Microsoft News Center
Tech News Blogs
The Partners in Learning Worldwide Innovation Education Forum in Cape Town is a celebration of all the incredible teachers and education leaders. Throughout our week in Cape Town there were so many inspirational and thought provoking moments.
The stakes are high for students around the world today. Acquiring knowledge is no longer enough. Throughout the week we discussed how we must prepare students for jobs that don't yet exist and these teachers are making great strides to do just that. Technology, when used the right way can provide students with a personalized path for success.
Throughout the week we saw amazing projects that connected students across oceans, tackled environmental cleanup in Africa, and enabled anywhere anytime learning in the Cloud, just to mention a few.
The 125 teachers who came to Cape Town from around the world understand the critical importance of giving students the skills they need to meet the untold demands of the next decade’s job market. This exceptional group started amongst a pool of 200,000 competing and winning at country and regional levels.
All of these educators are inspiring examples of teachers that learn for their peers and development amazing lessons to provide students with the skills they’ll need to be successful in 21st Century job market.
During the week, the teacher projects were judged by an international panel of education experts. I’m pleased to congratulate the winners of the 2010 Innovative Educators Awards and send heartfelt congratulations to all of those that competed throughout the year. By making a difference in the life of even one student, these teachers have already won the best prize available.
It’s not too early to start thinking about the 2011 competition. We are excited that the worldwide event will be held in Washington, D.C. next fall. To learn more about how to participate in the 2011 Innovative Education Forum, check out this site http://www.microsoft.com/education/pil/partnersInLearning.aspx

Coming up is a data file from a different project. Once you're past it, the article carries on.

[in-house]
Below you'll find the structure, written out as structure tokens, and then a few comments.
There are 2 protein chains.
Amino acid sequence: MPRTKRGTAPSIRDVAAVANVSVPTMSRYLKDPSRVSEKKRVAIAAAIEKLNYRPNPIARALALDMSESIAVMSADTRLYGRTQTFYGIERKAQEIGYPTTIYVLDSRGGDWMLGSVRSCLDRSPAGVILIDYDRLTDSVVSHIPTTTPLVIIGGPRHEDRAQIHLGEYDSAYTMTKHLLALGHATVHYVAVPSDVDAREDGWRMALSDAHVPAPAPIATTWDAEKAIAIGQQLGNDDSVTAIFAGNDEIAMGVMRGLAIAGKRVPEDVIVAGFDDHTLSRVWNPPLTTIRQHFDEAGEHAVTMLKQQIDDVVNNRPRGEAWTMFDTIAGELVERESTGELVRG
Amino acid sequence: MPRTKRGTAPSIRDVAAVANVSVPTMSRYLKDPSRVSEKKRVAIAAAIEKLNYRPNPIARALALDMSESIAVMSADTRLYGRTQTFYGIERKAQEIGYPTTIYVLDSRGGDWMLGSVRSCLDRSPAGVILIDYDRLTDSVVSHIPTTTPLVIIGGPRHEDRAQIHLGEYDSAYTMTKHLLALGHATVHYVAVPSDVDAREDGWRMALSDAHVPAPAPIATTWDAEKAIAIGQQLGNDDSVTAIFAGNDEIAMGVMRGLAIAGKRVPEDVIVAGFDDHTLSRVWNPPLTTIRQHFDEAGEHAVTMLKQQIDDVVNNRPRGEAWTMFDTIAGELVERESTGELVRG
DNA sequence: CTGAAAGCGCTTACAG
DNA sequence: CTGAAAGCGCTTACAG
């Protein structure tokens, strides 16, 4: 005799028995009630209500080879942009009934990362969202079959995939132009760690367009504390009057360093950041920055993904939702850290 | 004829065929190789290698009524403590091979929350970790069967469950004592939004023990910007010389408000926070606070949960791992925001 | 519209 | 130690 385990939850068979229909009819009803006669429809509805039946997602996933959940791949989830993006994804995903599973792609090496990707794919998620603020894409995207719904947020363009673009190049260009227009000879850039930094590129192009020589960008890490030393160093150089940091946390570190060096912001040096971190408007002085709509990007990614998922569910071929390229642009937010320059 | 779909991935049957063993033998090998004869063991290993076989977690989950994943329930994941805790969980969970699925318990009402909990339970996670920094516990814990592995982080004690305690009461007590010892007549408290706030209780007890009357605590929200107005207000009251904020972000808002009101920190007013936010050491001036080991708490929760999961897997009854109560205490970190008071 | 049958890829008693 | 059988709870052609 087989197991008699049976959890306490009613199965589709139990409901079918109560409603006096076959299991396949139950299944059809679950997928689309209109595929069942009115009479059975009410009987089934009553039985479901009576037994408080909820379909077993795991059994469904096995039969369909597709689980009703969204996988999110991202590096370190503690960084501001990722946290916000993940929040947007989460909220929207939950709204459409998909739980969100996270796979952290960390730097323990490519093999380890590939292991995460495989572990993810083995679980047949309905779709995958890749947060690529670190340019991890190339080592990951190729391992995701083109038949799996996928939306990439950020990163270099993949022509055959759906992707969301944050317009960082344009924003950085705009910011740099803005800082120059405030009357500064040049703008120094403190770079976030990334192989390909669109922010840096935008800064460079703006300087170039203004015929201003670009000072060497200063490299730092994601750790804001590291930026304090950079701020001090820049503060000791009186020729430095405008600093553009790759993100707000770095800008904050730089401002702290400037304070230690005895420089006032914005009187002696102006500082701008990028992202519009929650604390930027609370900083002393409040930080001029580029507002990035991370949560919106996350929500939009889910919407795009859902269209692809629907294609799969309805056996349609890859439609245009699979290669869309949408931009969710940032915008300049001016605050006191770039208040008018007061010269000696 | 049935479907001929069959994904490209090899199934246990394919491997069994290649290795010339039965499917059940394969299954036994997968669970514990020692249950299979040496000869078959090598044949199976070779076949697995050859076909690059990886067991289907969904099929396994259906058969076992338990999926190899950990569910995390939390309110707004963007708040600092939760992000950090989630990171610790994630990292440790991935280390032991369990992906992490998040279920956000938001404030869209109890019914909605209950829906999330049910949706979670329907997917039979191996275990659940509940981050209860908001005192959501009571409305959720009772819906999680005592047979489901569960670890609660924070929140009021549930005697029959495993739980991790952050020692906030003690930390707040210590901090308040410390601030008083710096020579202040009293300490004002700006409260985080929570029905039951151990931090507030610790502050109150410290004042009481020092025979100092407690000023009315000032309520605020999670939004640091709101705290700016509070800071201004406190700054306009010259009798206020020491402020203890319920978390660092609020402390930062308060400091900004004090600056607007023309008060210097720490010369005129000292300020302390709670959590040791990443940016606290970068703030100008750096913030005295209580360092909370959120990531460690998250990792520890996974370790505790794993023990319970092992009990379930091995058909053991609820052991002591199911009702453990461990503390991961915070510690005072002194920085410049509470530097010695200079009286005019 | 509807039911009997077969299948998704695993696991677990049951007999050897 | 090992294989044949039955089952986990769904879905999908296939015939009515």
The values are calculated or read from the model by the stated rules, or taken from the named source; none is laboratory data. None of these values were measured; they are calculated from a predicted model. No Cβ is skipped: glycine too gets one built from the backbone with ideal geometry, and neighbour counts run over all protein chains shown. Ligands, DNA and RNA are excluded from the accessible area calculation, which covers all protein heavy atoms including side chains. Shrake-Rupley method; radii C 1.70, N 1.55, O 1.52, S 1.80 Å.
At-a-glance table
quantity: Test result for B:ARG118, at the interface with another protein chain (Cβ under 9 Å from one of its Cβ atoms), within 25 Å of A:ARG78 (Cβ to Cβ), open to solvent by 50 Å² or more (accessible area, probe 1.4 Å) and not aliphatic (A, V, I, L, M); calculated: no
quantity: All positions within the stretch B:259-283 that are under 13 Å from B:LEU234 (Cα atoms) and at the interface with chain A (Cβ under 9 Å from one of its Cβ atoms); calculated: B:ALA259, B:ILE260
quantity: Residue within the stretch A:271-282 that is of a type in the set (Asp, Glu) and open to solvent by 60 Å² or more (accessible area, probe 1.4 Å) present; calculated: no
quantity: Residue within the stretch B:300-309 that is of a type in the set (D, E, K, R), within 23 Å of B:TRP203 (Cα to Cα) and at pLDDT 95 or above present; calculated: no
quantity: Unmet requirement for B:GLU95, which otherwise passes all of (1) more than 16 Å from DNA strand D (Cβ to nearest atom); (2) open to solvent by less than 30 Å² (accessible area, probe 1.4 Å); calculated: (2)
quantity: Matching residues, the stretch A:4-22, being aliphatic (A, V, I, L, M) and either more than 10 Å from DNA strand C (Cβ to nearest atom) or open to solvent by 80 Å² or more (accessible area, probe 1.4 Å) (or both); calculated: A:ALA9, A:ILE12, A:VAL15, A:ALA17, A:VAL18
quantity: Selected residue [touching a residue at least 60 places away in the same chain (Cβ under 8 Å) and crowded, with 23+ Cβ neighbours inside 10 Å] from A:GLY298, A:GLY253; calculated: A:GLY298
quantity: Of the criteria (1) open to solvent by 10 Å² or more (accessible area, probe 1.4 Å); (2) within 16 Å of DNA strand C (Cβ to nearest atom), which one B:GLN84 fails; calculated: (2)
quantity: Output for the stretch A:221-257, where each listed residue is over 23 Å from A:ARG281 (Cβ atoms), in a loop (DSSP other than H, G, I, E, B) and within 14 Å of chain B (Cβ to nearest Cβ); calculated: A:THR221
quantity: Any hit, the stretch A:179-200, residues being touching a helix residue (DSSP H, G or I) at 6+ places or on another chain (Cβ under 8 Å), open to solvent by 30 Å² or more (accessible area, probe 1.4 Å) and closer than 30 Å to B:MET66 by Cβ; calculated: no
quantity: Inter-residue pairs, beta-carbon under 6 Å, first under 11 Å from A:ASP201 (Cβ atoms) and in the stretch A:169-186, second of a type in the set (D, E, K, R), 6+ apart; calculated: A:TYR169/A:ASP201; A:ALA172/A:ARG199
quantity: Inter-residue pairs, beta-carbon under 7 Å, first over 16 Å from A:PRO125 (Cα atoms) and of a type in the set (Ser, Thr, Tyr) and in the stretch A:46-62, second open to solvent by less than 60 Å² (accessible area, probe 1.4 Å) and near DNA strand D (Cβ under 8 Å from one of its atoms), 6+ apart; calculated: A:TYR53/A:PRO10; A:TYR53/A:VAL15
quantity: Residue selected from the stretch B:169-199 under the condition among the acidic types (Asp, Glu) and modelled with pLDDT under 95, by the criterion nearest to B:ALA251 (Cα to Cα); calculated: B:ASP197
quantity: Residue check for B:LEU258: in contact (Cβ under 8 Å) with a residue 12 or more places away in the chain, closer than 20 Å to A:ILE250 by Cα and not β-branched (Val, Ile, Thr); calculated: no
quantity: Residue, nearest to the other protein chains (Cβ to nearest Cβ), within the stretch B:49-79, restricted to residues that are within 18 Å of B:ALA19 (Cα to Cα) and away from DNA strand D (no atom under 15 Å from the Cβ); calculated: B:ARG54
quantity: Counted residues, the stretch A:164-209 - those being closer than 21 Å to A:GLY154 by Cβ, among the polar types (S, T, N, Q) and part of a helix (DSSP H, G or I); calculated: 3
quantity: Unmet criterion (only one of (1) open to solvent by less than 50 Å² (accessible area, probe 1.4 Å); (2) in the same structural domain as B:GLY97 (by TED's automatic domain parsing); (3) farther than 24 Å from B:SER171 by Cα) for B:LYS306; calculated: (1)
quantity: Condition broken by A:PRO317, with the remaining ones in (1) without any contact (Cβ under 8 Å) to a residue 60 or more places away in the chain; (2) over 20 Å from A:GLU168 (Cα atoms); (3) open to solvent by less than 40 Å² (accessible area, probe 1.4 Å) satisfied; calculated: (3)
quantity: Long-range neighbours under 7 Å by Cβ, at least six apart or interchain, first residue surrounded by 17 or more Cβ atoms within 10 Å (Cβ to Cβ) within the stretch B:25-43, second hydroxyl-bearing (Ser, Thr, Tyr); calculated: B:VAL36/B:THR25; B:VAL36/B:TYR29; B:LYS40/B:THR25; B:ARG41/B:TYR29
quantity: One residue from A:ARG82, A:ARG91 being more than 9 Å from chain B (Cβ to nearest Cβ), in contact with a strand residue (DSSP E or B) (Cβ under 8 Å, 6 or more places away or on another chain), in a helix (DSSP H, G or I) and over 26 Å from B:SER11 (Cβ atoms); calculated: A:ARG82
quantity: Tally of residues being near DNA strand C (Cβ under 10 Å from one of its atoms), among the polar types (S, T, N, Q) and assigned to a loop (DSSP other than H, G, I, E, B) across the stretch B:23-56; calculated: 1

Innovation in Community Award
Best Practice: Samuel Avornyo(Ghana), “Rural Food Processing Industries”: Students were exposed to some of the food processing techniques used by local industries and then identified and shared ways these industries could maximize profit through quality packaging, developing marketing strategies for their products and keeping proper records using ICT.
First Runner-Up: Barry Corrigan (Northern Ireland): “Making Homework Count – Engaging Parents”: Designed to break the cycle of child and parent frustration over homework when assistance is not available, pupils were provided with additional tools to support their learning. Students could e-mail with teachers, access materials and contribute to discussion forums using the online regional learning platform, Learning NI, all enabling learners to exchange ideas as well as develop the art of debate.
Second Runner-Up: Simone Timms (Australia): “It Takes A Community To Raise A Child”: This project created opportunities for busy families to engage in their children's education through the sharing of knowledge. The teacher looked beyond obvious materials and resources to create a multitude of opportunities for students to develop assessment strategies in keeping with their learning styles.
Innovation in Collaboration Award
Best Practice: Martin Ryum and Mette Hauch (Denmark), “Teachers Leave Them Kids Alone”: Expert groups of students enaged in peer-to-peer teaching and learning through producing, editing and analyzing a 5 minute film in only one week’s time. Recognition is made of the fact that some children are IT experts and can educate their peers and teachers.